Father Lacombe refocused his efforts and began a new mission closer to
Fort Edmonton. A number of the Lac Ste. Anne residents accompanied him to
the new site-St. Albert-and within two years the Grey Nuns also
relocated. The Lac Ste. Anne mission, consequently, declined in importance.
Lac Ste. Anne continued to function as a base for area missionaries, by
1886 the church was in disrepair and the mission's future uncertain. It
was only when Oblate Joseph Lestanc was inspired by a vision to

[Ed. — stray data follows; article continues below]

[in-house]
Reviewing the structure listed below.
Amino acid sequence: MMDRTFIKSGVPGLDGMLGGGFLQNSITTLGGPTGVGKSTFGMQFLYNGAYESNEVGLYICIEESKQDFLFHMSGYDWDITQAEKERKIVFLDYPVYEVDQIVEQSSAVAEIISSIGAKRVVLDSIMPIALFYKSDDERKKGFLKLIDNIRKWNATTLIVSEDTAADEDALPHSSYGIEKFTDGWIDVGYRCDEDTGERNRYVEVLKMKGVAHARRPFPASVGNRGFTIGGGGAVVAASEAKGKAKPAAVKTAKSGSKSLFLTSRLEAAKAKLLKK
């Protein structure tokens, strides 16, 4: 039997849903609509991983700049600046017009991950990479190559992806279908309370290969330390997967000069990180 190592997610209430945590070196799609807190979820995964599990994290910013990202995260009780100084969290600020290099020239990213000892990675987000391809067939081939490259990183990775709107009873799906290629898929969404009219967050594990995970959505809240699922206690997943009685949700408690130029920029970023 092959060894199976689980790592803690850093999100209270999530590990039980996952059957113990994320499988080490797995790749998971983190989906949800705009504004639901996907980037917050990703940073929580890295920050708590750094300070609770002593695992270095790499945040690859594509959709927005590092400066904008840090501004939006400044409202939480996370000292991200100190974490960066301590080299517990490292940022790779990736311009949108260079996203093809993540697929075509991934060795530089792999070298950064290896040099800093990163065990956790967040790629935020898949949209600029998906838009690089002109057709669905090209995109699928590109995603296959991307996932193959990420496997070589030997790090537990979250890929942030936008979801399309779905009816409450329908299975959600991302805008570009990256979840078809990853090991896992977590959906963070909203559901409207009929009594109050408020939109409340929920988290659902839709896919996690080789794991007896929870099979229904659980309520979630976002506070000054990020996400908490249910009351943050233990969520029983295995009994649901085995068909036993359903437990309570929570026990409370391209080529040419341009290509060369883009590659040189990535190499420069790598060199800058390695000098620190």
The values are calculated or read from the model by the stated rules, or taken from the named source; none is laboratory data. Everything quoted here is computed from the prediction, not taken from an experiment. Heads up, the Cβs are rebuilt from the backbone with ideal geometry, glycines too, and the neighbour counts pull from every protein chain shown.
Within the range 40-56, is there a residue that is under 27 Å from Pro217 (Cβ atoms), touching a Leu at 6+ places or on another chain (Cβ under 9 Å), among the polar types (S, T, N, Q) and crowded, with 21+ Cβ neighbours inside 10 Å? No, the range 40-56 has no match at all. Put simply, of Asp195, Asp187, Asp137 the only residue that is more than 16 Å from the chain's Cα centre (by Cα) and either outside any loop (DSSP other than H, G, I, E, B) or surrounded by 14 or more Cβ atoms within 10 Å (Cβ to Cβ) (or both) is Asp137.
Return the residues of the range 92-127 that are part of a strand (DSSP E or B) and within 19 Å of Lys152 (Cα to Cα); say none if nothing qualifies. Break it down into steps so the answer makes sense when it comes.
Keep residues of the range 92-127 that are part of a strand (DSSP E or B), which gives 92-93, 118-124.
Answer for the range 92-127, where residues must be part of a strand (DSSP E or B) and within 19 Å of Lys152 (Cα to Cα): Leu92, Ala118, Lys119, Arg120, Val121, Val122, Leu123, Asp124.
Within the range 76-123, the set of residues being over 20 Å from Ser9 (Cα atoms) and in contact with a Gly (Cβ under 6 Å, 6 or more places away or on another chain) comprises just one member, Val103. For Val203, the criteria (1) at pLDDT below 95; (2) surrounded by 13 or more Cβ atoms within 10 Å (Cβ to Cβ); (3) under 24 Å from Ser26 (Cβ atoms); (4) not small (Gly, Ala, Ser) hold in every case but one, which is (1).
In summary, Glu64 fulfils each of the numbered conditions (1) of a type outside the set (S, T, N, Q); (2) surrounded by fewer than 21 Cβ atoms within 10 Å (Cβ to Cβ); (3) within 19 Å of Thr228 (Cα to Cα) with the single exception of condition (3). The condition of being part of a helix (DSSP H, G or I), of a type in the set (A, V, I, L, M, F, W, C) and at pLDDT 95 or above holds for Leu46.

build a shrine and a new church
at the site that the destiny of Lac Ste. Anne changed. On
June 6, 1889, the first pilgrimage to the shrine was held on June 6, 1889
and attended by 170 people. By the time of the second pilgrimage only
weeks later, participation had grown to roughly 400.
The annual pilgrimage continued to grow. At the turn of the
20th century more than 1000 attended, a figure that rose to 4,500 in 1925. The
Aboriginal community was and continues to have a significant presence in
this pilgrimage, the event happening during a gathering traditional time. Today as many as
40,000 devotees visit the shrine on the feast day of Ste Anne (July 26)
for spiritual healing and an affirmation of faith, bathing in the lake,
which is believed to hold curative powers.